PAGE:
OT: HP rumoured to change CEO

Discussion in 'iPhone' started by JF Mezei, Sep 22, 2011.

  1. JF Mezei

    JF Mezei Guest

    http://allthingsd.com/20110922/excl...markets-close-and-not-for-the-interim-either/

    Thursday after close of Bell, Meg Whitman (ex Ebay) who is a board
    member at HP (since start of this year) is rumoured to become HP's new
    CEO and Apotheker will be shown the door after less than a year in office.


    What is the relevance to this newsgroup you ask ?

    Apotheker killed what HP had acquired from Palm. In fact, he wanted Hp
    out of the consumer business.

    Whitman has experience with consumers.

    The popularity of the HP tablet during the "going out of business sale"
    may have shown HP that there was potential for that product after all.


    So if/when Whitman does get named CEO and if she does bring back real
    leadership, innovation and agressive marketing in the consumer arena,
    don't discount the possibility of HP becoming a strong force in mobile
    phone/tables/devices.

    There are a lot of IFs in there. Only time will tell. But this is a
    heads-up.
     
    JF Mezei, Sep 22, 2011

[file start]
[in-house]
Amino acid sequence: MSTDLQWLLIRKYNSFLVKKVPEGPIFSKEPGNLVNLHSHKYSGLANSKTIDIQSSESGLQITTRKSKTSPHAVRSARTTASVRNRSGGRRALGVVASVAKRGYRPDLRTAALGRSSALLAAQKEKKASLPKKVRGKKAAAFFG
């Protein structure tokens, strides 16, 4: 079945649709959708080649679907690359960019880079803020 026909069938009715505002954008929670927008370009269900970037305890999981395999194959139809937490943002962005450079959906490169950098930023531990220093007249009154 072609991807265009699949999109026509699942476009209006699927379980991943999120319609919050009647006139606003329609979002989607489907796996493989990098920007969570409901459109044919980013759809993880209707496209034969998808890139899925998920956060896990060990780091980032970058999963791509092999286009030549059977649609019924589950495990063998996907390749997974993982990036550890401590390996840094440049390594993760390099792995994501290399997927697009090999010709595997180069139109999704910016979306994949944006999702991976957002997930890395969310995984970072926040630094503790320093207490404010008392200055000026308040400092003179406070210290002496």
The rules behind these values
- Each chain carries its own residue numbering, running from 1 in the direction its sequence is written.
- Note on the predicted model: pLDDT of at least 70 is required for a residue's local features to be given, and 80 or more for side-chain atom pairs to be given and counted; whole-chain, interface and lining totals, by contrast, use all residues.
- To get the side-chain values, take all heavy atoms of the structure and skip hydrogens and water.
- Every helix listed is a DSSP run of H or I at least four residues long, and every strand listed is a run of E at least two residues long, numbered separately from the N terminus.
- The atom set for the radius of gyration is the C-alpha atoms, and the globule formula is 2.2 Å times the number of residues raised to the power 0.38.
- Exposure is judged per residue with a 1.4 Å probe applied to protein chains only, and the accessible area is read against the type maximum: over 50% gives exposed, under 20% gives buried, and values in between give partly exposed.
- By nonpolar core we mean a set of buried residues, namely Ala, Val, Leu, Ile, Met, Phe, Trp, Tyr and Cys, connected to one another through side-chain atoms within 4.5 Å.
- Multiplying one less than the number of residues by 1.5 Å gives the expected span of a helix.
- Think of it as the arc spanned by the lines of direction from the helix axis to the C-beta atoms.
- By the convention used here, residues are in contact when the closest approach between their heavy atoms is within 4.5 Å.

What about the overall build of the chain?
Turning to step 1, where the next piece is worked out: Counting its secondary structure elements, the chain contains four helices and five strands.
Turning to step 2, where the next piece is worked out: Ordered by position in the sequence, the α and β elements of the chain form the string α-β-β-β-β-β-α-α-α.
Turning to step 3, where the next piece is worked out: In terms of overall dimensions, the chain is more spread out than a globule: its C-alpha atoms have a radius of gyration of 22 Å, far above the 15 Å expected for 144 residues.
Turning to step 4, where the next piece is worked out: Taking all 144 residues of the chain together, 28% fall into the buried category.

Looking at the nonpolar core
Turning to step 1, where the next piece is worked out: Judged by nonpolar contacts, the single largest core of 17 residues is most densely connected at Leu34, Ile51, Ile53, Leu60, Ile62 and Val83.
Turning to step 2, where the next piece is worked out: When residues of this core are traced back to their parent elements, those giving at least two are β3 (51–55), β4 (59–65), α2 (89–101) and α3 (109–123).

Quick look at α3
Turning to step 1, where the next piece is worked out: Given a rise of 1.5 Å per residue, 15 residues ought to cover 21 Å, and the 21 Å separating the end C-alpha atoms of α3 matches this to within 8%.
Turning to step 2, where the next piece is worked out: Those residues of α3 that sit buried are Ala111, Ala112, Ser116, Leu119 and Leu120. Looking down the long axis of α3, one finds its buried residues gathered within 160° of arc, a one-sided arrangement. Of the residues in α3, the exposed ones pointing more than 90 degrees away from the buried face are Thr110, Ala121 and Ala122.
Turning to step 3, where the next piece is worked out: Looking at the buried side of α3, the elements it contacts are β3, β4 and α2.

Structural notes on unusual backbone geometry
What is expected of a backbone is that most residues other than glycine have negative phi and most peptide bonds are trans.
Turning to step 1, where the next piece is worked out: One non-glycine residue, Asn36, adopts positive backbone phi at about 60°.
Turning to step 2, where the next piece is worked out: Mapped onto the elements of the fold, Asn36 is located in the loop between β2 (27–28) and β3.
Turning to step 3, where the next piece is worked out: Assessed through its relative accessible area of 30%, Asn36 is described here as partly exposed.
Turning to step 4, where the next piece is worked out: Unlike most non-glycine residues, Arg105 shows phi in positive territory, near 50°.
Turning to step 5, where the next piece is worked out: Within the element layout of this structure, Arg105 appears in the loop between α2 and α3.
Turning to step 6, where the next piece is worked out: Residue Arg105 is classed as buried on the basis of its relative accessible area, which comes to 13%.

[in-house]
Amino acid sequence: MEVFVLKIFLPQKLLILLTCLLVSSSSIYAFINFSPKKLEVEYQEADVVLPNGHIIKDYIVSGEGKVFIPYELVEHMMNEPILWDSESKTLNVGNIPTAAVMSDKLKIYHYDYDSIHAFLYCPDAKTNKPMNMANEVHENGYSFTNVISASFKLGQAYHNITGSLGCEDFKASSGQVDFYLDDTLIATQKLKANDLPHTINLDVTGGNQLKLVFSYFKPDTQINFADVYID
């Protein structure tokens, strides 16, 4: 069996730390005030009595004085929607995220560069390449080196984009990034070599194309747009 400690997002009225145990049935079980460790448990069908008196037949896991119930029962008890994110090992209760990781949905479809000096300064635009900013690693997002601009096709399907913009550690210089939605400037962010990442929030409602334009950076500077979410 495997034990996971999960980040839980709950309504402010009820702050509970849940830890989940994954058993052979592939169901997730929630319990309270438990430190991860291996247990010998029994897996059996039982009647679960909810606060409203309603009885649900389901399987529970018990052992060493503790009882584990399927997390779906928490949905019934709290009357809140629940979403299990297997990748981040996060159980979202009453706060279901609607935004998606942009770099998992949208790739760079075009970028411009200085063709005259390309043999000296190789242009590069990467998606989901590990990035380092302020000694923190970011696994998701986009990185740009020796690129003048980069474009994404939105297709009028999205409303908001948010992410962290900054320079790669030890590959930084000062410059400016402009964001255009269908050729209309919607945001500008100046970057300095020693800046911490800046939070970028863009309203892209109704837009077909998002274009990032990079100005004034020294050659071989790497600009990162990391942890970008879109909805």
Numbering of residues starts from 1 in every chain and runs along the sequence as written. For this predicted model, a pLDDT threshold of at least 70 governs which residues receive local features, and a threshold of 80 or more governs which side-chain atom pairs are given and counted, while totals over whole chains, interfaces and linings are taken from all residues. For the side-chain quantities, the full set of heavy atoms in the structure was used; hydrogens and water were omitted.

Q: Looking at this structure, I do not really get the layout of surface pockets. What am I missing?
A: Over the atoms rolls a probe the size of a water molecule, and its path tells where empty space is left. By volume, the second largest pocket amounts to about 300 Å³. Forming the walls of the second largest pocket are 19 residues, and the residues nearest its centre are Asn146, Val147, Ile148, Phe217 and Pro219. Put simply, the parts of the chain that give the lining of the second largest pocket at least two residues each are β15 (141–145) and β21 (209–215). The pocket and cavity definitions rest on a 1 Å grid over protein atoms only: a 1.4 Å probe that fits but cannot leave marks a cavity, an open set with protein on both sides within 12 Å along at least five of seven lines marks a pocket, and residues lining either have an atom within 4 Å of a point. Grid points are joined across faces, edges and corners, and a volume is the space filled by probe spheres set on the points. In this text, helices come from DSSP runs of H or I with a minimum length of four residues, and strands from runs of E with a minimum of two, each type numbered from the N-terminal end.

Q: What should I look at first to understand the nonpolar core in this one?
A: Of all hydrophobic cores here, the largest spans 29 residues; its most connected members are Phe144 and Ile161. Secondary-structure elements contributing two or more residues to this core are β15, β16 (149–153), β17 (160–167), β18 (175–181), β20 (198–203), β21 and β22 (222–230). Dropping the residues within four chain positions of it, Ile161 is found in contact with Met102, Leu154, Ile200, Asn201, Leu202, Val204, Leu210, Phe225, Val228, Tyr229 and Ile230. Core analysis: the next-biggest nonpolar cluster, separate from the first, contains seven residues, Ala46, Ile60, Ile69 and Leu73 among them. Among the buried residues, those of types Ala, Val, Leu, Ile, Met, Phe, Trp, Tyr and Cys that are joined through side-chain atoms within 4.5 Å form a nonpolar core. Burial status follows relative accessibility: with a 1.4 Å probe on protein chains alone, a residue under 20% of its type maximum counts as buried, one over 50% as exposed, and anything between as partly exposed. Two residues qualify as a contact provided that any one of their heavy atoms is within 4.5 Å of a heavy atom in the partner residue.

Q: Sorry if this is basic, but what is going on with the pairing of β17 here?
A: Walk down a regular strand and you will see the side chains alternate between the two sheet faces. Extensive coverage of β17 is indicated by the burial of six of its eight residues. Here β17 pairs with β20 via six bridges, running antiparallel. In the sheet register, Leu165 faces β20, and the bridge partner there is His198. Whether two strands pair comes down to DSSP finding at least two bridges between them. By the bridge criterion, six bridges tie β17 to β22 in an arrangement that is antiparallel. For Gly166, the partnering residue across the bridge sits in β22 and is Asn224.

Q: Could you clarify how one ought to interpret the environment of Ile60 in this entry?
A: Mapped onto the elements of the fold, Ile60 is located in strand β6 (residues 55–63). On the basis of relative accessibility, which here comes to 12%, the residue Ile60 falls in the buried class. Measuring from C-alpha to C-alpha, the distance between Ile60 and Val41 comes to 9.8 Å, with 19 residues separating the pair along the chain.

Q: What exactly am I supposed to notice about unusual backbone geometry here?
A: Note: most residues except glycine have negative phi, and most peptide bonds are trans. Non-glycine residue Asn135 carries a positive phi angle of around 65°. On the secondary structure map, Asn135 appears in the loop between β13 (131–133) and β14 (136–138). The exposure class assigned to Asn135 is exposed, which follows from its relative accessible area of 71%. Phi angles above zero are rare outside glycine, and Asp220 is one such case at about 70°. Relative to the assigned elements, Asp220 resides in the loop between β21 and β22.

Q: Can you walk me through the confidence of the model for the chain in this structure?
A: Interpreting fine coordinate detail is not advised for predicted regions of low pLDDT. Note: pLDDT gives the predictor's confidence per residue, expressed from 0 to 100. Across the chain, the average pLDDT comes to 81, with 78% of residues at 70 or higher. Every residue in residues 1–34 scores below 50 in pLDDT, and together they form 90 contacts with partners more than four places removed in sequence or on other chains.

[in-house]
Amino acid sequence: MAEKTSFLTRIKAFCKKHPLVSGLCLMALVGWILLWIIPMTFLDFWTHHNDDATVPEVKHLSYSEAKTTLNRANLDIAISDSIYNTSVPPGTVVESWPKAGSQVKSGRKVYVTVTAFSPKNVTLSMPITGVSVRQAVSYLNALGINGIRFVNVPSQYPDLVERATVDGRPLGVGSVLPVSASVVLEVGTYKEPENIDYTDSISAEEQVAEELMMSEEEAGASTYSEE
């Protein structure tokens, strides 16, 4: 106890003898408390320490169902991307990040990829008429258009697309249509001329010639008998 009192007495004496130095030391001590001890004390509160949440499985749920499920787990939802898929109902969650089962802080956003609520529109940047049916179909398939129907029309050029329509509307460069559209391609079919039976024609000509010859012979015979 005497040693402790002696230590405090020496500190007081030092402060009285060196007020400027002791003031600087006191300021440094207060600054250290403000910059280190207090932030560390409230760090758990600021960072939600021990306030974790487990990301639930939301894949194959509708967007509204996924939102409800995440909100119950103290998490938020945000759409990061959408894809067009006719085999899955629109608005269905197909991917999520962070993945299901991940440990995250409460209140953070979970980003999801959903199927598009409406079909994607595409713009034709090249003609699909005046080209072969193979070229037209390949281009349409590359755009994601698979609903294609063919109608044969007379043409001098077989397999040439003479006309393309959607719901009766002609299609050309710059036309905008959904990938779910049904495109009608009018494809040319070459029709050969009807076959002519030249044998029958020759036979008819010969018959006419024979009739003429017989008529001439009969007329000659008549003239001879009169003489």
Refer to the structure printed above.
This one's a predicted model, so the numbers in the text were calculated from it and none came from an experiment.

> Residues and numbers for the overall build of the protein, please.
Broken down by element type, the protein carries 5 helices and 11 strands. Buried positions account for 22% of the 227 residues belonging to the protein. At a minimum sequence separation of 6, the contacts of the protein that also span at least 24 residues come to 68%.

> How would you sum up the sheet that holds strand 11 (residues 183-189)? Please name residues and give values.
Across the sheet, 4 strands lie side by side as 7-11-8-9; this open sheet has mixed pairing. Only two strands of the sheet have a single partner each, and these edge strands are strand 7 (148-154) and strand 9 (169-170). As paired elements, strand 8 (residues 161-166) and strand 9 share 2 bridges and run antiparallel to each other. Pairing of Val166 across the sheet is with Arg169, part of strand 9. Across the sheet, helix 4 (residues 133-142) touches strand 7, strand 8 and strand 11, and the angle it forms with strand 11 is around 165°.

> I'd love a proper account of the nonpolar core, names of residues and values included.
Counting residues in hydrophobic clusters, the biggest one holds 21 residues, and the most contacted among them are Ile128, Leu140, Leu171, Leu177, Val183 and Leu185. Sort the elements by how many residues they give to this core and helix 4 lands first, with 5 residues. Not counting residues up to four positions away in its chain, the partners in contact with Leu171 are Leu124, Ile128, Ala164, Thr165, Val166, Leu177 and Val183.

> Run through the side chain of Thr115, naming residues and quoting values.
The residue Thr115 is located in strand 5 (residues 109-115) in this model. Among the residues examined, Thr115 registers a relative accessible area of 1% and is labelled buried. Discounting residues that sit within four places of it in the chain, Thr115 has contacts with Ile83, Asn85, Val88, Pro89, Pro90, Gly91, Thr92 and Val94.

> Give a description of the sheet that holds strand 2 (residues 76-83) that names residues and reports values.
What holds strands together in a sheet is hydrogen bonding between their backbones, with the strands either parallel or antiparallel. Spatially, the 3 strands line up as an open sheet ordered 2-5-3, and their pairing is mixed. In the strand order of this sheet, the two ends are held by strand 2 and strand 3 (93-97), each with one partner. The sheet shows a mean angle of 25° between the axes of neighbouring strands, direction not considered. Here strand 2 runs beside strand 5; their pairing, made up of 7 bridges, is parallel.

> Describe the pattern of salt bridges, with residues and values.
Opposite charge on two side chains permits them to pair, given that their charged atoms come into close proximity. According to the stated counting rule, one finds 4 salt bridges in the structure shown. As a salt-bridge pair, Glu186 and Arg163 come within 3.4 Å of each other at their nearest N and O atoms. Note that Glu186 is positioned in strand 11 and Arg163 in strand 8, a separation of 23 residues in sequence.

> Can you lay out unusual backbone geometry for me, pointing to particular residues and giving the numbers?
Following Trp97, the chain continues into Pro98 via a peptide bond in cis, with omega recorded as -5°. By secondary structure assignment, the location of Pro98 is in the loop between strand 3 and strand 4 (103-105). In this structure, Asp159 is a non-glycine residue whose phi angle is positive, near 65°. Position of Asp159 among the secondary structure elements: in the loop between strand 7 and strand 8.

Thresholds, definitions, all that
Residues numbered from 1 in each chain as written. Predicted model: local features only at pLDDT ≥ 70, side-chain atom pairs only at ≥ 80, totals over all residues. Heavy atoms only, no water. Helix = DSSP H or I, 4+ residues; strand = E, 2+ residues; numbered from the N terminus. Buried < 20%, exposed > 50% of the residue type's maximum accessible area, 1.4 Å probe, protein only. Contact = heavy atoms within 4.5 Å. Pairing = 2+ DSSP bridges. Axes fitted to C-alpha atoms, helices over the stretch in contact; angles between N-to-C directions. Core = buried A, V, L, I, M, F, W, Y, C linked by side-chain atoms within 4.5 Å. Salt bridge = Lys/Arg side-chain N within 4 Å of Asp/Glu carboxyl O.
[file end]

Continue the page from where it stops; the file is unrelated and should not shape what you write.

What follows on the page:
#1
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  2. I can't figure out why people keep writing that.

    The popularity of a well-made tablet that costs $300 to make and is
    being SOLD FOR $99(!!) really doesn't say _anything_ about the
    commercial potential of the product.

    There are all kinds of things people will buy at 20% of retail that
    don't have a potential.

    (I'm not saying, by the way, that the HP tablet may not have been a
    good product. I'm just saying the fact that people bought it at fire
    sale prices doesn't indicate anything at all.)
     
    Doug Anderson, Sep 22, 2011
    #2
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  3. JF Mezei

    Lewis Guest

    However, the fact htat no one bouht it at its suggested retail price of
    $500 indicates a lot.
     
    Lewis, Sep 22, 2011
    #3
  4. Yes.

    There are those who maintain Apple's hardware is over-priced and one
    is paying this premium for style and for a nice operating system (not
    that style and a nice operating system aren't worth something in and
    of themselves).

    If that is really true for the iPad, then a competitor should be able
    to make some ground by providing comparable hardware for a
    considerably lower price. To me, that seems like the only possible
    way at the moment to get a sizable hunk of the tablet market.

    No one has been able to do it, which suggests to me (among other
    things) that iPad hardware isn't overpriced.
     
    Doug Anderson, Sep 22, 2011
    #4
  5. But, but, but that's logical. The following is from 9 to 5 mac:

    Apple is totally killing it and the company is seen retaining its 50+
    percent market share lead until 2014. Why? Apple's legendary ease of use,